This presents the most obvious and immediately beneficial synergistic potential of DeFi and e-commerce, but there are other, less obvious, advantages to be gained by the combination of the two.
Crypto Loyalty Cards?
Loyalty cards and points schemes are the bread and butter of businesses looking to encourage repeat business. A tried and tested method, they have been around since a distinctly analog age. I’m sure we all remember the days of impatiently waiting for your mom as she rummages through her purse looking for that dog-eared loyalty card as she saves up another stamp towards a free coffee. You probably also know that although schemes like this feel like they should have been relegated to a by-gone era, these kinds of loyalty cards are still alive, if not well; you might well have a few cards like them in your wallet right now!
While many businesses such as Amazon (NASDAQ: AMZN) have digital loyalty points schemes, they are exclusive to their platform, and can usually only be redeemed in their stores or with partner companies, leading to exhausted customers again having to dig through multiple cards in their groaning wallets, if they even bother with the time required to fill out yet another form in order to register for the points card in the first place.
This is where DeFi combining with loyalty schemes steps in, with a single address to receive reward points wherever they shop, no matter how small the retailer. With investment for startup online companies now easier than ever to come by such as with Digital Rain, access to an established DeFi loyalty scheme right off the bat will both reduce costs for the business and encourage customers to purchase from smaller, newer online merchants, as they will not have to forgo the accruing of points they otherwise would.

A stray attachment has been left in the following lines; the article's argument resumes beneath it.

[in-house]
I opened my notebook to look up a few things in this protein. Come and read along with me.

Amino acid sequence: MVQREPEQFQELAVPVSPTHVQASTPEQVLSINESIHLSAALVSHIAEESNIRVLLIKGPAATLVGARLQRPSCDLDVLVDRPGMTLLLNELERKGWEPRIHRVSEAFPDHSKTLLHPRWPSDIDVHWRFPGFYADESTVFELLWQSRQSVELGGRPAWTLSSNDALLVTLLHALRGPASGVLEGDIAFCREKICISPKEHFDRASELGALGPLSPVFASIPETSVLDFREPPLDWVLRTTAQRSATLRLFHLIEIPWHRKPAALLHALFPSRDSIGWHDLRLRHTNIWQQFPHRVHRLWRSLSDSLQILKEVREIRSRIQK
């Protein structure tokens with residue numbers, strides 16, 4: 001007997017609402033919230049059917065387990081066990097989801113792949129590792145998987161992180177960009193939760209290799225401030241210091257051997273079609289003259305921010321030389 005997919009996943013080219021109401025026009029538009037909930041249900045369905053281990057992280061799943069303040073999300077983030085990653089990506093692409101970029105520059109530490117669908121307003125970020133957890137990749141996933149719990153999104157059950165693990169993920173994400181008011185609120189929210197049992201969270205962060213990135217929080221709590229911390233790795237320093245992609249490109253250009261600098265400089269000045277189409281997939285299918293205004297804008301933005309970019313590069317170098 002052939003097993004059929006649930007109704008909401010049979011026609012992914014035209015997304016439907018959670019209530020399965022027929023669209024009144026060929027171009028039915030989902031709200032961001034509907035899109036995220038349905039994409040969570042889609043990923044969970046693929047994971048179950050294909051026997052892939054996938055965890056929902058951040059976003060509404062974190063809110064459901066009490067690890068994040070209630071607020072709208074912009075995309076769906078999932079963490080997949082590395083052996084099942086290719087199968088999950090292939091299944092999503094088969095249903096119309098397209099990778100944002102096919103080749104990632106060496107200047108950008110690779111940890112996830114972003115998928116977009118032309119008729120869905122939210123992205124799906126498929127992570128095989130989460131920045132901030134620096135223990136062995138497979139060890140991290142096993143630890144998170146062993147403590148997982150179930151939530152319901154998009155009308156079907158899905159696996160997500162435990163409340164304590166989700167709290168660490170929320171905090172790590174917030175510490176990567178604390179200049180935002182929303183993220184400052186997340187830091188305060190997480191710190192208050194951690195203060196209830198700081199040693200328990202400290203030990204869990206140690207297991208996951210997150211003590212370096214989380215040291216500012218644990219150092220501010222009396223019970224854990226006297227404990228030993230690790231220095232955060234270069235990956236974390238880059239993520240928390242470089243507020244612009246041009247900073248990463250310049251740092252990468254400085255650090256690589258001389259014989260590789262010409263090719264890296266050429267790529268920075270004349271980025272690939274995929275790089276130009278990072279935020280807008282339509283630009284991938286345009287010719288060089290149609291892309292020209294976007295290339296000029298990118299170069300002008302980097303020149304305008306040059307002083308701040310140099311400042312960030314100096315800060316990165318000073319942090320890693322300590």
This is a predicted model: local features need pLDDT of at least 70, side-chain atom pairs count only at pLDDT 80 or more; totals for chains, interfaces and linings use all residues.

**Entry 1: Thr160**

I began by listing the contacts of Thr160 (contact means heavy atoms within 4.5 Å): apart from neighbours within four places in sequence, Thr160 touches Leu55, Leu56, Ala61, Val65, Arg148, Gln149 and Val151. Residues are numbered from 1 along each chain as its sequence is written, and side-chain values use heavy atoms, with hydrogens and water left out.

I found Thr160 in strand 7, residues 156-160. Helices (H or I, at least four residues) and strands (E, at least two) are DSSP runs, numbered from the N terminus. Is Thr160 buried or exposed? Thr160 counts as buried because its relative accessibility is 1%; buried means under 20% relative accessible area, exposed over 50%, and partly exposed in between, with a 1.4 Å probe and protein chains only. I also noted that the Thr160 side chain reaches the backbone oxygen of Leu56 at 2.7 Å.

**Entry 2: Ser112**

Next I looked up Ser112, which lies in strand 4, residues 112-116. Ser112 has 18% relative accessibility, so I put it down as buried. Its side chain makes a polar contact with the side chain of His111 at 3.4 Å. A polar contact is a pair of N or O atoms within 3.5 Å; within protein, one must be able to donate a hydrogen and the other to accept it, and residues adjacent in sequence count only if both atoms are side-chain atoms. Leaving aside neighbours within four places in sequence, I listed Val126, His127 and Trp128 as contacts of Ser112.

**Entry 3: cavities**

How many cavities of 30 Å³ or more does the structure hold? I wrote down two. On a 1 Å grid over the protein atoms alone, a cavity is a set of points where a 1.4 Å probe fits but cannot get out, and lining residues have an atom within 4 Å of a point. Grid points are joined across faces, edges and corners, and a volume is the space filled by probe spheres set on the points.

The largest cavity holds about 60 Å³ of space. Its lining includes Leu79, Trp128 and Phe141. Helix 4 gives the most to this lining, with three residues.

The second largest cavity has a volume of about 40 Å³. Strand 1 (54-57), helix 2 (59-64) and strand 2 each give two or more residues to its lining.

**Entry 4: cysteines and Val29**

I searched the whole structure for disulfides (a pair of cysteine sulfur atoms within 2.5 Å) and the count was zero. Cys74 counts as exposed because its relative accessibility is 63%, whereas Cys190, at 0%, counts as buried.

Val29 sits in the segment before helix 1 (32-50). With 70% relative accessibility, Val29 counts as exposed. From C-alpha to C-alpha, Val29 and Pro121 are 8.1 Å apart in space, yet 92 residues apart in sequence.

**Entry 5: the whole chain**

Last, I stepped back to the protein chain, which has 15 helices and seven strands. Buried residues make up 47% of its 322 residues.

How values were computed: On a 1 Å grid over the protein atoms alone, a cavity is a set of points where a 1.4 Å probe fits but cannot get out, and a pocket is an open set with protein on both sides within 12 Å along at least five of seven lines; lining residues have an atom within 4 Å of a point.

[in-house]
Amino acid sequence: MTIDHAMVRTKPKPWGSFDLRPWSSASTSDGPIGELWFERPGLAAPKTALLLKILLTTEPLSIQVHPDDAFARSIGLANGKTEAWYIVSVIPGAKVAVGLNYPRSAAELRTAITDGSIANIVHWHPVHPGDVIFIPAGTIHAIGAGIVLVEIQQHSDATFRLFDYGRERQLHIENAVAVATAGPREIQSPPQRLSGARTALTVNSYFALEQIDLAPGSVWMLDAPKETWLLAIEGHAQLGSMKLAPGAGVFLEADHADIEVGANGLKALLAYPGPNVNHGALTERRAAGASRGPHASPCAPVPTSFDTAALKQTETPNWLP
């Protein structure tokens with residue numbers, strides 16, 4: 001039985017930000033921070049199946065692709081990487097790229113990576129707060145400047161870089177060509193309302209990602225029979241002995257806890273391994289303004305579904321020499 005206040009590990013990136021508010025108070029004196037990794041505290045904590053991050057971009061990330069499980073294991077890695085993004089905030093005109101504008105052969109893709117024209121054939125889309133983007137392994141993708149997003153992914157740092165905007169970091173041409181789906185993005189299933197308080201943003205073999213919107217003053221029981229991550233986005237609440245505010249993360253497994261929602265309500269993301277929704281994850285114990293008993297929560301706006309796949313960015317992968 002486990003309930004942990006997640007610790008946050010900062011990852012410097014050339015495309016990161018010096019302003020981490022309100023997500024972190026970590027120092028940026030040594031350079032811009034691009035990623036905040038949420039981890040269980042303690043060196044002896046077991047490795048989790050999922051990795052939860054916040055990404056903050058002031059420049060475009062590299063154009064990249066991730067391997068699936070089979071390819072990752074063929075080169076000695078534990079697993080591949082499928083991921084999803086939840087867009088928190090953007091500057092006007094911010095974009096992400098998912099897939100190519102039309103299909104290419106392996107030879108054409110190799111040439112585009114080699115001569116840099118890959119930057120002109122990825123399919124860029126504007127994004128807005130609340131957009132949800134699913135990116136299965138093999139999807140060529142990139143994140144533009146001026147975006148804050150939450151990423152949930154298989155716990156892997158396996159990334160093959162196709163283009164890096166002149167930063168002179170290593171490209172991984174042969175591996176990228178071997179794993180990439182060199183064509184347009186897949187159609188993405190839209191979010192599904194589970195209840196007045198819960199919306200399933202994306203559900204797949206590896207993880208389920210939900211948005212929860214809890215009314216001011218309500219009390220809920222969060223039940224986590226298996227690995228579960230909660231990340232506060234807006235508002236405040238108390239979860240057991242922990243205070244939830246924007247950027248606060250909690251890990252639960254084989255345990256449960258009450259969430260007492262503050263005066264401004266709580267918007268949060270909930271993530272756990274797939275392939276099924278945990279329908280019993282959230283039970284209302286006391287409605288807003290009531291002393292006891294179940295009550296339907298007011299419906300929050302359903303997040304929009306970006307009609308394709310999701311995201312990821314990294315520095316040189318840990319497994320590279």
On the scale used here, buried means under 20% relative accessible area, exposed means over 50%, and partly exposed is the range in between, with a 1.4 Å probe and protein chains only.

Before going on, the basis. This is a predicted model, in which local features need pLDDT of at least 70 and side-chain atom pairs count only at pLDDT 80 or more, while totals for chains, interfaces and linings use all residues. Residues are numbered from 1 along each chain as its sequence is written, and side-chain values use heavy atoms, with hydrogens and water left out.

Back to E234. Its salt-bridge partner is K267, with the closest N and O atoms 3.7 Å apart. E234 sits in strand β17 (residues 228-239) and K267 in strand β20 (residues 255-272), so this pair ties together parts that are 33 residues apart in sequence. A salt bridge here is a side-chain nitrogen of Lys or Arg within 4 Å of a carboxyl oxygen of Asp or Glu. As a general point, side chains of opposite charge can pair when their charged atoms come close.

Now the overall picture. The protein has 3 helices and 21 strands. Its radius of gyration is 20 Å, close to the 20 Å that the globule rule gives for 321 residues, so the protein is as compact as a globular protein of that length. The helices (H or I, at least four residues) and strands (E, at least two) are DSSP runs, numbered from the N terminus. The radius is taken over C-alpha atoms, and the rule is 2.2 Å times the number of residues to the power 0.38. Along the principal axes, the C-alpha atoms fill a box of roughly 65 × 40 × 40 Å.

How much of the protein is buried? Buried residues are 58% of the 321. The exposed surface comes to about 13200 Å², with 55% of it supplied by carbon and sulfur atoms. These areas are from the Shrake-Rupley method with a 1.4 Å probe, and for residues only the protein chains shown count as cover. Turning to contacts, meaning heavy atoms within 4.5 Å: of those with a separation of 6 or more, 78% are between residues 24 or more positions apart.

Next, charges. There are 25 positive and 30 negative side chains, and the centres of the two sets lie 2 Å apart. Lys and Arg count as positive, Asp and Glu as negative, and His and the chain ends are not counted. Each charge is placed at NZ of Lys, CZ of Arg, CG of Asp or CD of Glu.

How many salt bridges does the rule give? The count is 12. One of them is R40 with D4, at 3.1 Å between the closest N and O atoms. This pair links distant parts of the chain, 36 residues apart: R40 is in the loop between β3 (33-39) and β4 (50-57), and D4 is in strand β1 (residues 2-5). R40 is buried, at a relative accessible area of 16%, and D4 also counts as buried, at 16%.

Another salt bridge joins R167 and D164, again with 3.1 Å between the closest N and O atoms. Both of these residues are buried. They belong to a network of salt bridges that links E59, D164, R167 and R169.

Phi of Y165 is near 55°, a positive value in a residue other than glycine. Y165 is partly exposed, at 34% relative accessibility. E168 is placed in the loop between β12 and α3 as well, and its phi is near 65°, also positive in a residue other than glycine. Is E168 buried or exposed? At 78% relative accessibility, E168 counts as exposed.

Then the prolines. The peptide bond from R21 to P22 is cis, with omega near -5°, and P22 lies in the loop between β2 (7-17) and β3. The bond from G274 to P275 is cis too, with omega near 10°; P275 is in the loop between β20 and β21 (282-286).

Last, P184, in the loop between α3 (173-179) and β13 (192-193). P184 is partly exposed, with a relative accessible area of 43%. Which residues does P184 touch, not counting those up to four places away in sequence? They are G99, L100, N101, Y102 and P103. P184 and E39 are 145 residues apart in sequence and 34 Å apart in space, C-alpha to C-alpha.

A crypto loyalty card would also have the benefits of making loyalty programs more streamlined and useful, crucial for engaging younger generations and capturing repeat user behavior and usage. Smart contracts will also enable these points to be used across borders, a real benefit for the increasingly global reach of e-commerce businesses and a generation of youth with an international mindset.
Finally, the potential for fraud with traditional payment methods is well known and causes staggering losses each year, with Nilson recently predicting $40 billion in annual losses by 2029. Many of these losses end up hurting the merchants themselves rather than the credit card companies, and the added security of DeFi could only come as a relief, especially to smaller-scale merchants less able to withstand financial shocks.
DeFi is still arguably in its infancy, and its potential to engender further, as yet unknown, profound change is very great, but if the seismic waves that e-commerce has already delivered to the traditional physical-based commercial space are anything to go by, you could very well see these two natural partners linking up to rattle your shopping baskets sooner rather than later.